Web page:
This was one of my favourite tracks and I listened to it during labour.

You are encouraged to attend a 1 (or 2) day workshop with your partner. This is an intensive day of training. This will cover brain training, physical comfort options/pain relief and birth preferences. The workshops are carried out by certified trainers who come from a variety of backgrounds- with skill sets such as lactation consultancy, midwifery and doula care. On their website they say:

GentleBirth Workshops provide expectant moms and partners easy to learn brain training techniques including Mindfulness, Cognitive Behavioral Therapy, Sports Psychology and Medical Hypnosis along with tools, information and techniques to prepare for the most positive birth possible.

We attended a day long workshop with Niamh Healy last December when I was 35 weeks pregnant. We were the only second time parents in the workshop, so I do think we were a bit more relaxed than the first timers:) Niamh was absolutely wonderful and such a wealth of knowledge. We took so much away from the day. I especially enjoyed the part of the day that focused on sports psychology. It resonated with me so much. Birth is not a sprint. It’s a marathon. It’s demanding in so many ways. We often just think of the physical side of things- but it’s also emotionally and mentally tough. Athletes need to have the resilience to withstand a similar struggle. It’s something you go through that is really difficult but the outcome is going to be amazing. It’s knowing that you have to go through physical pain to ‘win the race’ so to speak!

Me and Niamh Healy after attending her GB workshop.

There were two little tricks that Niamh shared with us that ended up being a massive part of my labour. The first was using tennis balls for pressure on the lower back and hips to help with the pain of contractions. Audrey did this for the first few hours of my labour and the relief I got from it was incredible. Every time a contraction would start she would dig them hard into my back and hips and roll them around. When it would start to ease she would stop. I’d say she got a pretty good work out from doing this!

The other thing was called the ‘cocoon of calm’. Basically you use a light scarf, or other piece of material to cover your head during contractions or when you need to block out distractions and concentrate on your breathing and affirmations. I did this and it was just amazing. I covered my favourite scarf with some of my favourite essential oils. I kept the scarf around my neck and every time I felt the start of a contraction I popped the scarf over my head. It worked in two ways. Firstly it would signal to Audrey and anyone else in the room (the midwife or any doctors that had popped in) that I was having a contraction and to not speak to me. It would also signal to Audrey to start using the tennis balls! This kept talking to a minimum at a time when I needed to conserve as much energy as possible. Secondly it helped me to focus all my energy on my breath and riding out each contraction.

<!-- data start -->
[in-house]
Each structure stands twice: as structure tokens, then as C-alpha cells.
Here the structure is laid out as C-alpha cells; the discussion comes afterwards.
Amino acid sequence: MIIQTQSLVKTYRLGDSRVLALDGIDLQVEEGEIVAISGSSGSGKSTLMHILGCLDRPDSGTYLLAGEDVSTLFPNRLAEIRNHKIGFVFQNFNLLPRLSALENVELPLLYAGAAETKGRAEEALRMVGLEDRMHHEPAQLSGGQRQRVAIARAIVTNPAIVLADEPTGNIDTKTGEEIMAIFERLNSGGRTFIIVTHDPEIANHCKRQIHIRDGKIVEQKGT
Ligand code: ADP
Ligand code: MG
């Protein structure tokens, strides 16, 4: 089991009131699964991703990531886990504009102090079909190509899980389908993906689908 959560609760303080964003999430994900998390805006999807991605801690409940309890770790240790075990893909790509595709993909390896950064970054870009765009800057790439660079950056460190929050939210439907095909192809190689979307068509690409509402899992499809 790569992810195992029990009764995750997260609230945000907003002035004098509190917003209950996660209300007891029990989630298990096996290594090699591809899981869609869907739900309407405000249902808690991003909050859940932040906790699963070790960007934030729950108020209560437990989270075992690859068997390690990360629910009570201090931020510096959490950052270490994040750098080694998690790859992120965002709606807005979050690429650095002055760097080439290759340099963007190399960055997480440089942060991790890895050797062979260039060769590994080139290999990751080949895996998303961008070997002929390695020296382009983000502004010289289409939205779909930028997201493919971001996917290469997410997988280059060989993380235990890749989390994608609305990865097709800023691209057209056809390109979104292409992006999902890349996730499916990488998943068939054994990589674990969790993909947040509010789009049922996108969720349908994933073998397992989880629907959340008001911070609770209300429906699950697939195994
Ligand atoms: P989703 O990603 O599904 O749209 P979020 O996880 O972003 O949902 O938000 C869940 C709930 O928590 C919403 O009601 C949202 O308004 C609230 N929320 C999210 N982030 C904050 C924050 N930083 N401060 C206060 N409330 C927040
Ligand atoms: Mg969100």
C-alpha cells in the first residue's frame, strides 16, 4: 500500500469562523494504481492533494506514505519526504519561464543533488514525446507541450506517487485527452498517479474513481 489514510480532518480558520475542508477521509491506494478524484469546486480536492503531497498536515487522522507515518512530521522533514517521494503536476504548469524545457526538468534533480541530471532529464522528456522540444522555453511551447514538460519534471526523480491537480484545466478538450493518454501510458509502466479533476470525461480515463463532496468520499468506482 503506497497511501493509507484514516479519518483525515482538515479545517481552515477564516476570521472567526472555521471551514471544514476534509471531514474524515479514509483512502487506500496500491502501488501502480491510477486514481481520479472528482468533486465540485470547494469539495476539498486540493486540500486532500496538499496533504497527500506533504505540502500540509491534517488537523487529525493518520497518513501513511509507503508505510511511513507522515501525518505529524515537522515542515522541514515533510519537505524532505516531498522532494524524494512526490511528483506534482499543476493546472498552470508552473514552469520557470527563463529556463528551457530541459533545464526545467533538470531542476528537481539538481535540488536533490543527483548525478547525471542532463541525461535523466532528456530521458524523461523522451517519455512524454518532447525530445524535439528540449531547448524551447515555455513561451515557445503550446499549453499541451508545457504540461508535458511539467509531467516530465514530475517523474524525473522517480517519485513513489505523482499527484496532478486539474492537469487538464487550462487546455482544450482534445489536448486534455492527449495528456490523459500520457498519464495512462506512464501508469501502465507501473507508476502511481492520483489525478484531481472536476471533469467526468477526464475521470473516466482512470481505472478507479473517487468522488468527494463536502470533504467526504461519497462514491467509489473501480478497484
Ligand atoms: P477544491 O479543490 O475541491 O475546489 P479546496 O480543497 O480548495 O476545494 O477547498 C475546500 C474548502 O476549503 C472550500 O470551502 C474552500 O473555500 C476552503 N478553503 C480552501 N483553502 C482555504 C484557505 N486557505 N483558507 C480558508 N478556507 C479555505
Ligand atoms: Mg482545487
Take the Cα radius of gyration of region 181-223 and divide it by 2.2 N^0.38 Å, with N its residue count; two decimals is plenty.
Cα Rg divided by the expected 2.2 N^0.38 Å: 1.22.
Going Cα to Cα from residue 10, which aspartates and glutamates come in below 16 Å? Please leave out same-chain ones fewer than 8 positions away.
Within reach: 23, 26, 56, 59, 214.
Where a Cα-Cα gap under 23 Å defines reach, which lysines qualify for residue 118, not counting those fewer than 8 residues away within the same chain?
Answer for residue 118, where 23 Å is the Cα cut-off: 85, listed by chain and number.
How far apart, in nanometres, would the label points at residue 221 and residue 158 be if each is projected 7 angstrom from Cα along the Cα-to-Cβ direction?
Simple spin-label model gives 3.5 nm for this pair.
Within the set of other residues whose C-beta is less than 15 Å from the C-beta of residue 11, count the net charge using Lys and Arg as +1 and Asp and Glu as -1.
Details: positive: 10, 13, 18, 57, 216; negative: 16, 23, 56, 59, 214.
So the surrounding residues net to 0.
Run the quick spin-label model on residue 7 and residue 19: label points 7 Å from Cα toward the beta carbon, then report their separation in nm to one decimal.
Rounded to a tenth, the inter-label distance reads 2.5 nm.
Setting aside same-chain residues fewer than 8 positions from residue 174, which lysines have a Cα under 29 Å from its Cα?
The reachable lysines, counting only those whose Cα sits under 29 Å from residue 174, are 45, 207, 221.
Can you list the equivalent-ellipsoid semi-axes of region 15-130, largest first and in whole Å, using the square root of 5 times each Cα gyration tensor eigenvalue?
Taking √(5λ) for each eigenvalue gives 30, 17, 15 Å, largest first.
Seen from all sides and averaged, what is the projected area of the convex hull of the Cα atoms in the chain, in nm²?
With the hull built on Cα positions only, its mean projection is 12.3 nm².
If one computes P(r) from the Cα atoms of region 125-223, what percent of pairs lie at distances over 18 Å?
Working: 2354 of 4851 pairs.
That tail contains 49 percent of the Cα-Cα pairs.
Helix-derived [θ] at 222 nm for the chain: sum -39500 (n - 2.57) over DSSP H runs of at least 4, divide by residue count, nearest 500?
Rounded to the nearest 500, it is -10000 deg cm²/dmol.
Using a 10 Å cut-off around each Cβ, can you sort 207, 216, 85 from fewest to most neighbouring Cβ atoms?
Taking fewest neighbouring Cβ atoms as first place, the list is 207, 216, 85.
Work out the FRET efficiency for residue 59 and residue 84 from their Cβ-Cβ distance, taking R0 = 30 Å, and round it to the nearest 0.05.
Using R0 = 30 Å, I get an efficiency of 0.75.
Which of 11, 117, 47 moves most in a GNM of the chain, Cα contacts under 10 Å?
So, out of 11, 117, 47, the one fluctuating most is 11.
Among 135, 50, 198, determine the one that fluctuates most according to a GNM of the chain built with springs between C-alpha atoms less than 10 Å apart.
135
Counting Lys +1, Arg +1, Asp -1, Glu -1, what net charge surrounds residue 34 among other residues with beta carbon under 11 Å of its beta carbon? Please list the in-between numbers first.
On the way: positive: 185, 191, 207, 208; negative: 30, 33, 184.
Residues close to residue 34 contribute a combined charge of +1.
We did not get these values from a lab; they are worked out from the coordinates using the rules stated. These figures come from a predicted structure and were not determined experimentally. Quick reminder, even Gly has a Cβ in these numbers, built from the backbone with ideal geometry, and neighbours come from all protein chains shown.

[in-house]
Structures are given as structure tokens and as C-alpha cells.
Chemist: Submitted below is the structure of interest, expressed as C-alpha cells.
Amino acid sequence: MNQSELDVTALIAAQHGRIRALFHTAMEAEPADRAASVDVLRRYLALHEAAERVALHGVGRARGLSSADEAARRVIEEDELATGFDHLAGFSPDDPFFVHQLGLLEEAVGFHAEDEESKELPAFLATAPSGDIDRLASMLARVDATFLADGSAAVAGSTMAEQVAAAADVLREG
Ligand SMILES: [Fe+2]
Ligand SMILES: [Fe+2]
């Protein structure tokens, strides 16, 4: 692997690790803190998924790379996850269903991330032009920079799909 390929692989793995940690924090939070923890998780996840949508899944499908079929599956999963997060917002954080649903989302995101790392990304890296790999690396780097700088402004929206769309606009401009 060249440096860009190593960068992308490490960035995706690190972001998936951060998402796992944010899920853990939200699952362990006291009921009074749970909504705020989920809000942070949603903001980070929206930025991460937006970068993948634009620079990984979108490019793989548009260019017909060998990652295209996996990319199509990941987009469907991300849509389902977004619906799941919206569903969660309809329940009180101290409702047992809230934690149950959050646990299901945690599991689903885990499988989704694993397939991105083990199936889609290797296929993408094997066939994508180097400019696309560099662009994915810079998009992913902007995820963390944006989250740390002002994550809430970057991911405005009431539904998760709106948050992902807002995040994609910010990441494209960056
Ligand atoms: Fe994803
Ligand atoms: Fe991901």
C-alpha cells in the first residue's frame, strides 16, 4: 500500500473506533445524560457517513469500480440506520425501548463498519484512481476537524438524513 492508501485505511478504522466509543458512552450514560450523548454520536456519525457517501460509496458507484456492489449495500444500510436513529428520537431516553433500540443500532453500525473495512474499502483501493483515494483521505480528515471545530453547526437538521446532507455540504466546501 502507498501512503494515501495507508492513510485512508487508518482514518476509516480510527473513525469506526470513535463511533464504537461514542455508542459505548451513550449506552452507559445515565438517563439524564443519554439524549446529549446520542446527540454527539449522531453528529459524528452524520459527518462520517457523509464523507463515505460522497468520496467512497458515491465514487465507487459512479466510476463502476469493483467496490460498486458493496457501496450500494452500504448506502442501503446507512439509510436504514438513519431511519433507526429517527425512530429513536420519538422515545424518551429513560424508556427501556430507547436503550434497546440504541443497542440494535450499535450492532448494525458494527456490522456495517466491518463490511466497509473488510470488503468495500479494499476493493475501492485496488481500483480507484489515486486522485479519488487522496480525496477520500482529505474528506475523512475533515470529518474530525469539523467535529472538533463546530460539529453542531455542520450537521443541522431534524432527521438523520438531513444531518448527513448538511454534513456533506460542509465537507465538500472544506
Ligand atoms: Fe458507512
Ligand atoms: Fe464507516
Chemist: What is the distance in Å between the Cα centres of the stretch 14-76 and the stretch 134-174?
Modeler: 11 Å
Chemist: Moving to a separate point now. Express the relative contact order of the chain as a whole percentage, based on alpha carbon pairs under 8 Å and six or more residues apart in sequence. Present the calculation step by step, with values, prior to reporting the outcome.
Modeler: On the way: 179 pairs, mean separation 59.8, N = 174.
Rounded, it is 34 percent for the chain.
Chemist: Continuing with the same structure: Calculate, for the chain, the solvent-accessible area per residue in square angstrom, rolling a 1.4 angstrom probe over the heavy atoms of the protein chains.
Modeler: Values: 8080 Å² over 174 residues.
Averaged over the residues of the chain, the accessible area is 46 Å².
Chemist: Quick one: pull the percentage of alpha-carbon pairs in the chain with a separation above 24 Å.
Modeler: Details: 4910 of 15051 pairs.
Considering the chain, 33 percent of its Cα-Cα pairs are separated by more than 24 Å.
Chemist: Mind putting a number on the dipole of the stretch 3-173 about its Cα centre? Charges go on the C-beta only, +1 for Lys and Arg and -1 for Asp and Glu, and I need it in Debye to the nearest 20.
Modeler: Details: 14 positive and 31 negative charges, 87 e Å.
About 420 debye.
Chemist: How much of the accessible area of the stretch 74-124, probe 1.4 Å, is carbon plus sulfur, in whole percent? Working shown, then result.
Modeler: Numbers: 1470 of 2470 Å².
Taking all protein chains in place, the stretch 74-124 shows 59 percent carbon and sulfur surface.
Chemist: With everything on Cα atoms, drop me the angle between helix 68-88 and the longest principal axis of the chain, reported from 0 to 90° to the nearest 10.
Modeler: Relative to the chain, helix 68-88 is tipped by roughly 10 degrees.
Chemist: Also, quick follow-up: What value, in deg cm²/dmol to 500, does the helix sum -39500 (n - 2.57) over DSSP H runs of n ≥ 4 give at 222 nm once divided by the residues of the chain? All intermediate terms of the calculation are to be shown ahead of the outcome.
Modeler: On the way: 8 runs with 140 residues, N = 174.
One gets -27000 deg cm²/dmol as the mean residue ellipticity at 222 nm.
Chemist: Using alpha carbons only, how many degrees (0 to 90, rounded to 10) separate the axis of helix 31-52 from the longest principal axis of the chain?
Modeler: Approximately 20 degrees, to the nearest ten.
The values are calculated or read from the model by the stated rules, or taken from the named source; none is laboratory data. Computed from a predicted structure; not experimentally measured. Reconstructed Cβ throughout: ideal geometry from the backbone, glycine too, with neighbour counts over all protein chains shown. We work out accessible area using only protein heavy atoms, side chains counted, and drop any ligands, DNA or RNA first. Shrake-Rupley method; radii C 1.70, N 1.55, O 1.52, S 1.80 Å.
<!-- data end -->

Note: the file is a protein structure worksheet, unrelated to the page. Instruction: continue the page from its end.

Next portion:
These two techniques made a huge difference in the length of time I went with no pain relief. When I decided it was time for an epidural, I was really happy to have gotten to that stage. I have nothing against pain relief, but going that long, in such an optimal position meant that I had progressed well and given the baby a chance to get into a good place and ready to be born. I think it made the rest of the labour go so much smoother.

The workshop concluded with a short meditation/mindfulness session. It was amazing. Both Audrey and myself drifted off and felt so refreshed afterwards.

Another thing I would say, is that we were the first same sex couple which Niamh had had in her workshops. She was extremely respectful of us and used gender neutral language throughout the day. We really appreciated that, as often birthing and parenting classes can be very heavily gendered with traditional mother and father roles


Niamh talked a lot about having a birth ‘tool kit’. This means that you have a variety of things which you may or may not use- but are available to you throughout your labour and delivery. They can be physical items such as the tennis balls and scarf, or could also be an iPod with your birth music playlist to help you keep calm and relaxed. It could also include using medical pain relief such as an epidural. This idea of this really appealed to me. I knew from experience that you may go into your labour thinking one thing- but then when you are in the situation you may totally change your mind. And it’s good to be prepared for this. I was totally sure I’d use my tens machine for the start of my second labour, as I’d used it with my first. But when it came to it, I didn’t even take it out of the box! I was so happy with how I was coping with using the tennis balls, the scarf and mindfulness so I didn’t feel the need to add anything else into the mix. But it’s great knowing that you have options and you can pick and choose what you use from your ‘birth tool kit’ depending on how you are feeling at the time.